Eyal weizman book reading:- Hollow Land: Israel’s architecture of occupation

Went this evening to a fascinating lecture by Eyal Weizman who is author of Hollow Land. He discussed the architecture of occupation. Two part of the lecture stuck out. Firstly the discussion of inverting the use of space. An alley – in it’s normal function it should allow people and vehicles to pass. The refugee camp in question, Balata in Nablus, was designed of course with alleys for this purpose. The Israeli approach, to avoid conventional ambushes of alleys, was to view alleys as spaces not to be used for access. The result being hundreds of holes in people’s walls, walking through walls, like walking on water, making the inside the outside. In this way the IDF carried out missions having surprise and unpredictability on their side. But leaving a large mess and trauma behind each time. The second anecdote discussed the architecture of settlements and that the location could be influenced by things other than politics. He discussed a bend in the road a few kilometres east of Ramallah. While driving around this bend in the road, settlers noticed a lack of reception on their mobile phones. Citing this as a security issue (as a terrorist attack could happen within this 20 seconds and help could not then be summoned) they persuaded Orange to build an antennae there (which in turn required that the military annex the land for security purposes). So the antennae required an access road form the main road. It required power and a water supply for building. On completion it required a 24 hour guard who lived there with his family. Through a series of aerial photographs, Weizman shows how the guard’s friends came to join him on the hill top and now around 150 people are living there. http://www.amazon.com/Hollow-Land-Israels-Architecture-Occupation/dp/1844671259?tag=particculturf-20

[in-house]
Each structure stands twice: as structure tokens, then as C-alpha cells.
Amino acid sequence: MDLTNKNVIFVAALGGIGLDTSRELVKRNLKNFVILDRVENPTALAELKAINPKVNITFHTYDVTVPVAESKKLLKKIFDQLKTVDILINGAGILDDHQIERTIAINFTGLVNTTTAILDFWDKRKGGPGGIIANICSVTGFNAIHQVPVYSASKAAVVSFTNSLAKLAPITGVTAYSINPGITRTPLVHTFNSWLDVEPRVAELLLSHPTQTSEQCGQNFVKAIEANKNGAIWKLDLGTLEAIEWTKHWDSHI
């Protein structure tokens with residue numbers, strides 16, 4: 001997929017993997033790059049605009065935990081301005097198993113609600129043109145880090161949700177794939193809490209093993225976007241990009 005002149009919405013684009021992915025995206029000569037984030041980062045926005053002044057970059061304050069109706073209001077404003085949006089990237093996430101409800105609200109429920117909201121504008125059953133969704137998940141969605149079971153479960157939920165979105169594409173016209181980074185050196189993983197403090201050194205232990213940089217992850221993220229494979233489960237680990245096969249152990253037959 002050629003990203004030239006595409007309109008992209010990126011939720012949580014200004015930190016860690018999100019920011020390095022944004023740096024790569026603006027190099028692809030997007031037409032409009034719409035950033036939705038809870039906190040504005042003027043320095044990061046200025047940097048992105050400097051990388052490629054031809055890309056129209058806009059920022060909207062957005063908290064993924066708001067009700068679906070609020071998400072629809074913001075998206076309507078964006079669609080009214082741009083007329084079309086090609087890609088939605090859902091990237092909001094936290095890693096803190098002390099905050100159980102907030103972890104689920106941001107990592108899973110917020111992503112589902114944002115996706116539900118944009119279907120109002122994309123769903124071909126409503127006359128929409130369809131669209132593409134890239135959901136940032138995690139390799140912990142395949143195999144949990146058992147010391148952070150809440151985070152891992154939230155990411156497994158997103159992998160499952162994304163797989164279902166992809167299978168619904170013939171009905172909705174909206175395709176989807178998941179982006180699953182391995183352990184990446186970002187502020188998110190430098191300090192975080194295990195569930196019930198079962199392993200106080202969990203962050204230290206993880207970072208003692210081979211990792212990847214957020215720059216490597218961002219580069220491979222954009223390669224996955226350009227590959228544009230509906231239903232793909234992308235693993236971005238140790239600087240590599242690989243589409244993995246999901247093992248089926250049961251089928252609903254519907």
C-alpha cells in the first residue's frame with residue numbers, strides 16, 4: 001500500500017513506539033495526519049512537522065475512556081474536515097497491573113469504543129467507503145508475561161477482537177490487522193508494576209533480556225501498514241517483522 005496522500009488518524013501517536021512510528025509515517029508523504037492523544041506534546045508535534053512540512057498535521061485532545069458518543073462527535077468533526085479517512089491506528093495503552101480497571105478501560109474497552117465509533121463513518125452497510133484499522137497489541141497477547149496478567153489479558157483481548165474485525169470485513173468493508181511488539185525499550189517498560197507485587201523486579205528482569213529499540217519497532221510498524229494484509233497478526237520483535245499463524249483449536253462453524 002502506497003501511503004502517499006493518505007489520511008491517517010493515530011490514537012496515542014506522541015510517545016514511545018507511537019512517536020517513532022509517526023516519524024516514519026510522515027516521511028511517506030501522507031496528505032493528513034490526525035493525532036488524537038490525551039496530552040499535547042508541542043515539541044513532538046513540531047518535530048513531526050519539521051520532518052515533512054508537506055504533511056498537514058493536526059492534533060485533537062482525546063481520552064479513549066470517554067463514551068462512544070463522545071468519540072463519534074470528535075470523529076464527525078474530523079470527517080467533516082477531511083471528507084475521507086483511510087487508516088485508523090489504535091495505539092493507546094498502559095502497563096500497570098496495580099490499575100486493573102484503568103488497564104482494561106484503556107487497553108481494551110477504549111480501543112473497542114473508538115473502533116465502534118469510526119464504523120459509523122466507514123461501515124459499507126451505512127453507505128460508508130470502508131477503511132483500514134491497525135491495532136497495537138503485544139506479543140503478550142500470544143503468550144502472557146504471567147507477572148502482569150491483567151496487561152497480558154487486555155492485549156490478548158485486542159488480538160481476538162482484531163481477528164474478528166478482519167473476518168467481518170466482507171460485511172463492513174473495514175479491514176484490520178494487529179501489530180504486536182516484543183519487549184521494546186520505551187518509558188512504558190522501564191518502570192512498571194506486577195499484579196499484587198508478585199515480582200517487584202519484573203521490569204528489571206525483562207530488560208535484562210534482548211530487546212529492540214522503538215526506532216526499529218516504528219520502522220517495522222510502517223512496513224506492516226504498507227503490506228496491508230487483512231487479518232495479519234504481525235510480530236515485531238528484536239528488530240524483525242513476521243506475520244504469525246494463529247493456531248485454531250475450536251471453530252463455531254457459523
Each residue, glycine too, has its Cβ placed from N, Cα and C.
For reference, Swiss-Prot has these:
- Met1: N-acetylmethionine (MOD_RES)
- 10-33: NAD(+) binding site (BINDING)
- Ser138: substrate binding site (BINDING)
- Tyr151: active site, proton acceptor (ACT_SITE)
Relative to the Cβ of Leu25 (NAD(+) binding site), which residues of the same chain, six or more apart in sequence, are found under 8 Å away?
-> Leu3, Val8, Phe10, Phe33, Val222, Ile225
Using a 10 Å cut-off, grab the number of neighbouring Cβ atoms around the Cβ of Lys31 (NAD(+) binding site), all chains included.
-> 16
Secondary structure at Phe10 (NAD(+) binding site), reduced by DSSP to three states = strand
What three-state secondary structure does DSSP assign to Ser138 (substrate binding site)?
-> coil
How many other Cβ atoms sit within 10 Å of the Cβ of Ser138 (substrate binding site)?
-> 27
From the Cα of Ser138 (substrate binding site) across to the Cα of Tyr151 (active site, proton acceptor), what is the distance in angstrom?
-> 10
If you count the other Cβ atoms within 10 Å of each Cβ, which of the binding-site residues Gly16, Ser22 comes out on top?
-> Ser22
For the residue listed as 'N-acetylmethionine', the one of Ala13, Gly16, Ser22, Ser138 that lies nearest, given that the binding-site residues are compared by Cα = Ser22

Eyal Weizman: Hollow Land book presentation